The old brick buildings of downtown Albertville’s Main Street echoed with the shouts of protesters Saturday who were calling for justice against police brutality and racial discrimination in America. 

Hundreds of people gathered at Albertville High School where a demonstration was held for George Floyd — the Minnesota man who died while being apprehended by police — before the march began. To mimic the manner of his death, the crowd laid prostrate in the grass for eight minutes and 46 seconds, their hands behind their backs, while one of the protest organizers, Unique Dunston, read aloud Floyd’s final words. 

The protestors then proceeded to march through downtown taking the traditional homecoming parade route. Most held up handmade signs bearing the protest message of justice and racial equality. Many were yelling slogans such as “Black lives matter,” “We want peace” and “No justice, no peace.” The protesters also shouted thanks to the many law enforcement officers who were stationed along the route blocking traffic and providing security. 

Before the protest began, as a small crowd of onlookers gathered around the downtown area, tensions mounted as many were worried the peaceful protest might turn violent like many others have across the country.

Brian and Elizabeth Black, owners of Jamokas, painted messages of “love” and “equality” on their storefront windows in solidarity with the protesters. Elizabeth Black said she supported the protests in general but didn’t approve of the damage that had resulted from them.

“I support what they're doing; I don’t support people damaging property,” she said. “I like to think, you know, my heart tells me [the people of ] Albertville, they're not going to put up with a lot of vandalism and stuff like that, especially the business owners down here. There’s businesses that have been down here by themselves for a long time and they got downtown kind of revitalized — they don’t want to see people tearing it up.”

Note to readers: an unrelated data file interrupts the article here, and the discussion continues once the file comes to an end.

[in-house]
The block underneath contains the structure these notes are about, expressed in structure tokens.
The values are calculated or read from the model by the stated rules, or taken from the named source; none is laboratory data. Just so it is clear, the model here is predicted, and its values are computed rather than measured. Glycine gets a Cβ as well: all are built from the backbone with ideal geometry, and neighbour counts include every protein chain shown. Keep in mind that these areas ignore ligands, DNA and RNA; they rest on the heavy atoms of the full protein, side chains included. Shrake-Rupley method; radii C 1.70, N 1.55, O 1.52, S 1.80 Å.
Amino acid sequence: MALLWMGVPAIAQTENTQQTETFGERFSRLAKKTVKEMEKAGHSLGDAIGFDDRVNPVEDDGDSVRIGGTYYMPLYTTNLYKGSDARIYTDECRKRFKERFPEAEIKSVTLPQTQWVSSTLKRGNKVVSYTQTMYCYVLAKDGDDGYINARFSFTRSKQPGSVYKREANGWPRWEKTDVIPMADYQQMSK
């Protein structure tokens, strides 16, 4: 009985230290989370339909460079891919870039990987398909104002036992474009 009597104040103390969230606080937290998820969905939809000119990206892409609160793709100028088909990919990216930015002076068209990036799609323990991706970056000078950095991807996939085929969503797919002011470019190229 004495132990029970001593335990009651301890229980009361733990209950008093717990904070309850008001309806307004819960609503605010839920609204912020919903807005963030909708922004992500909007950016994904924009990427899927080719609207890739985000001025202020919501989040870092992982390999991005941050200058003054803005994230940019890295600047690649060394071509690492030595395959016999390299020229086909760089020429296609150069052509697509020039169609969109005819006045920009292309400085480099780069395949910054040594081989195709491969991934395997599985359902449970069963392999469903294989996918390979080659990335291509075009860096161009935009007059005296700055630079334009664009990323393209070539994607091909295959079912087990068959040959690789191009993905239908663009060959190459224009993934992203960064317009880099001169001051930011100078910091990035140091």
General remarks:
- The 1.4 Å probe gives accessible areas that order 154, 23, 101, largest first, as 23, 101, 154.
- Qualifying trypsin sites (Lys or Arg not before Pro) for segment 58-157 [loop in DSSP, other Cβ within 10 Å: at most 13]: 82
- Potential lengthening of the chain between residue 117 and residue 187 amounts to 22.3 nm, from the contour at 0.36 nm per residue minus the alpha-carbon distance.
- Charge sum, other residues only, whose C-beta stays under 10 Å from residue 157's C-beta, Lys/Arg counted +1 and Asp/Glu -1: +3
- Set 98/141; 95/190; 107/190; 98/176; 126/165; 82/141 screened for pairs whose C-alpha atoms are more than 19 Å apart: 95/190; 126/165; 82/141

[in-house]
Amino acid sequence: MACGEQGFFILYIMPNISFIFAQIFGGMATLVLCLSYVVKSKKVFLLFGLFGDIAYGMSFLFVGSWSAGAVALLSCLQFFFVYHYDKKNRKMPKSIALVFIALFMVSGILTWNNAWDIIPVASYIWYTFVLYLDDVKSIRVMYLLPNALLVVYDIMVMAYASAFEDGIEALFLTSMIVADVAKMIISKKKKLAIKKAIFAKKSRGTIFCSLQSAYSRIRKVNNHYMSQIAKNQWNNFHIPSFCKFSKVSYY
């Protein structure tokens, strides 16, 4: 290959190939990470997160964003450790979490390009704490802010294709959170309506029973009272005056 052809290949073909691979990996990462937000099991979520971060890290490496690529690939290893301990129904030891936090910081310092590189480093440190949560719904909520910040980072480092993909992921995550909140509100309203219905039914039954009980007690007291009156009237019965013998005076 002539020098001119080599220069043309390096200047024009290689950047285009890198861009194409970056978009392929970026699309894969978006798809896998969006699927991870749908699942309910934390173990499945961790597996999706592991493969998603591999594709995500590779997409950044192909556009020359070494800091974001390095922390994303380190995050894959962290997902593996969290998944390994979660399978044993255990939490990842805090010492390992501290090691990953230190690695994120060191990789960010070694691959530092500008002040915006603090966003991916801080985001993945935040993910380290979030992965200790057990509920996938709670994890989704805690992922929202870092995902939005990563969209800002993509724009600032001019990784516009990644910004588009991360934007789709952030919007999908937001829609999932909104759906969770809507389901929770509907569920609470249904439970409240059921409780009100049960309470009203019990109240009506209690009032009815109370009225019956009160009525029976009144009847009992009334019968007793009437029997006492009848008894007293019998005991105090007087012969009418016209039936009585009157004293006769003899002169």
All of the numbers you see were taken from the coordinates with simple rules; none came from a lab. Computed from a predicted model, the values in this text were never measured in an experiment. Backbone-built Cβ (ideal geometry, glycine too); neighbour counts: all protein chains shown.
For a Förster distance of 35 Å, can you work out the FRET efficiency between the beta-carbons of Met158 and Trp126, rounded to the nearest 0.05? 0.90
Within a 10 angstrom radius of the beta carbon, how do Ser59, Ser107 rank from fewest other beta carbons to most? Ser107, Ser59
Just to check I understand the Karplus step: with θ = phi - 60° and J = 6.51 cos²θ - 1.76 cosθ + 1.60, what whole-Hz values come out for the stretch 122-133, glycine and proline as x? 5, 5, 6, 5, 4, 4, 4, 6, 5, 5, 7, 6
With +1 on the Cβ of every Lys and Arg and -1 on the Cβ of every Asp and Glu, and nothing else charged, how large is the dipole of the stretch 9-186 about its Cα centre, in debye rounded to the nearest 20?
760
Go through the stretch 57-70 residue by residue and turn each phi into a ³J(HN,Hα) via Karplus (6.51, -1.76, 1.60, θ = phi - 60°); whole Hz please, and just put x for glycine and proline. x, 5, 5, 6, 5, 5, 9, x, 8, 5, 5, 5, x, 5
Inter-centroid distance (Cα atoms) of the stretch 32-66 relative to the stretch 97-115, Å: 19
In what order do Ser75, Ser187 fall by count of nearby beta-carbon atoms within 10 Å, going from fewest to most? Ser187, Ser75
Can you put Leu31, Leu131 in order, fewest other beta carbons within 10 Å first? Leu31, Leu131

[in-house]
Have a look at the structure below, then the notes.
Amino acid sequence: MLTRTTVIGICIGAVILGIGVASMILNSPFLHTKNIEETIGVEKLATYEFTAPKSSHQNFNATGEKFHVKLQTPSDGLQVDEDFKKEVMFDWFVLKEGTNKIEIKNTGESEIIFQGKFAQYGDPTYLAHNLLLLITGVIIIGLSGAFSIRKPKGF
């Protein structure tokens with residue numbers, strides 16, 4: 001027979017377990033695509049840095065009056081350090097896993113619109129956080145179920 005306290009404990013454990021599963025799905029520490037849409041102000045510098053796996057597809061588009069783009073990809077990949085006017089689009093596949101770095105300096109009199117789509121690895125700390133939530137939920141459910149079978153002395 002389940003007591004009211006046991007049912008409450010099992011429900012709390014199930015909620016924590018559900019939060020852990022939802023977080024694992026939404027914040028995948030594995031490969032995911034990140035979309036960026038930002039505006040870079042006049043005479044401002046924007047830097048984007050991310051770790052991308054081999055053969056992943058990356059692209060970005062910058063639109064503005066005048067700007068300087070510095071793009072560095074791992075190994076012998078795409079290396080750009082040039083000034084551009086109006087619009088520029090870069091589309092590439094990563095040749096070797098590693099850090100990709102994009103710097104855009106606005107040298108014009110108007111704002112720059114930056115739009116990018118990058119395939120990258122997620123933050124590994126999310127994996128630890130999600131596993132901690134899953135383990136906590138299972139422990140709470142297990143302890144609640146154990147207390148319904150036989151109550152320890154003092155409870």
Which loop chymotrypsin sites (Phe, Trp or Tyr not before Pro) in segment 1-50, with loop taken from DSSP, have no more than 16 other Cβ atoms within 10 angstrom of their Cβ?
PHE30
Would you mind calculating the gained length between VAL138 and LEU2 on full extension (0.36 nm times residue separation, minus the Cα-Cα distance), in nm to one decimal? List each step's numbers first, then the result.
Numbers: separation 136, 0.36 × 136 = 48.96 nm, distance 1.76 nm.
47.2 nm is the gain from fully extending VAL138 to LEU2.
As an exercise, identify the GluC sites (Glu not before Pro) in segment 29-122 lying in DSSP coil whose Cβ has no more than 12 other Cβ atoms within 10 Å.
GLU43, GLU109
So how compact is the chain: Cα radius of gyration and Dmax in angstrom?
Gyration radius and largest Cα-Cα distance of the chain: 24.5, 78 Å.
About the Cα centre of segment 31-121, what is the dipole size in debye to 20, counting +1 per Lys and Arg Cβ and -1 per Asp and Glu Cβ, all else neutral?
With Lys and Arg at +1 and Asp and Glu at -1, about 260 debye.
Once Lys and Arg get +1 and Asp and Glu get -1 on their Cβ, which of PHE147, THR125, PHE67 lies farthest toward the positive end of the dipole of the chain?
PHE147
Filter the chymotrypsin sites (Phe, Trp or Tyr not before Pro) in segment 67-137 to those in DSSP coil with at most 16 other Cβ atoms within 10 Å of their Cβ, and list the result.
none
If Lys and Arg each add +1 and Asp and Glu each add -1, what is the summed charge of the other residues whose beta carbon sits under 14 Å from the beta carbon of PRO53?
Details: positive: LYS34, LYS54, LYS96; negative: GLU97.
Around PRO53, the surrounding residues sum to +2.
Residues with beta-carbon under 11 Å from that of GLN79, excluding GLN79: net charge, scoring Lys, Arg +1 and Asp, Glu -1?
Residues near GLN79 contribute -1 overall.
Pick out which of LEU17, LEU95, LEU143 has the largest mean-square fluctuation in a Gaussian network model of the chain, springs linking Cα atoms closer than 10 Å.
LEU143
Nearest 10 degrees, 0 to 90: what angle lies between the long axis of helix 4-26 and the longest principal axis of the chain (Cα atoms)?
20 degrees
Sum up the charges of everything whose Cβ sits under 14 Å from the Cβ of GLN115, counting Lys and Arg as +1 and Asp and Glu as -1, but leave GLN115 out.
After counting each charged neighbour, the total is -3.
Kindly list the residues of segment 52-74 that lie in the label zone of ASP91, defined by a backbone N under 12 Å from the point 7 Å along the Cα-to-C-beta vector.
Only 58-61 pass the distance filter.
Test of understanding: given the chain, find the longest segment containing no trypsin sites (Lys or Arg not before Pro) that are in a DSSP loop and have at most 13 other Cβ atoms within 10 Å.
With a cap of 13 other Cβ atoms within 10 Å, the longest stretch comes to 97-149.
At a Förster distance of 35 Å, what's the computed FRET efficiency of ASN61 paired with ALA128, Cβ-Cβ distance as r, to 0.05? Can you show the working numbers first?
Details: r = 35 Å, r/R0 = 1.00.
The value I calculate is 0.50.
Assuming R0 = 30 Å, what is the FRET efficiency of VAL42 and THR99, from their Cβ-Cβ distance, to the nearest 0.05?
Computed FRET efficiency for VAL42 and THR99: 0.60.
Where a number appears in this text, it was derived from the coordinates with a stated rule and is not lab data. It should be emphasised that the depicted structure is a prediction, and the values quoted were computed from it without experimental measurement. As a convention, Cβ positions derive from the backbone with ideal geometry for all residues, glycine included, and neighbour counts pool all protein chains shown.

Thankfully, due to the careful planning of the event by organizers Dunston and Ileana Ramirez and to the efforts of the Albertville Police Department and Marshall County Sheriff’s Office, the protest proceeded peacefully and ended without incident.

“It definitely means a lot to us to be able to do this today and have the support of our community and, of course, our law enforcement,” Ramirez told The Reporter.  “We definitely had this vision to be a peaceful protest, not just for George Floyd but those that came before him. And also, we wanted to use this opportunity and platform to address several issues going on in our country, not just police brutality and injustices toward our black brothers and sisters.”

Ramirez said the march was also to protest and raise awareness about immigration issues, particularly involving the Hispanic community, which she said “hasn’t been heard.”

“A lot of them don’t want to be outspoken for fear of consequences,” she said. “A lot of them don’t voice their opinion, not because they don’t want to be heard but because they feel like they can’t.” 

She praised her fellow protest organizer, Dunston, who she said “poured her heart and soul” into planning the event, meeting with local church leaders, city council members and police officials so that it would be safe and unifying to the community.

“We’re so happy to have seen a lot of our locals come out in support against violence,” Ramirez said. “[We are] really proud of our community.”

The only brief moment of conflict during the protest occurred when a member of the Deviants Sand Mountain motorcycle club got into a heated exchange with one female protestor. While it was unclear who initiated the argument, the protester shouted, “You’re part of the problem,” as she kept walking down the street, at which point both issued expletive valedictions.

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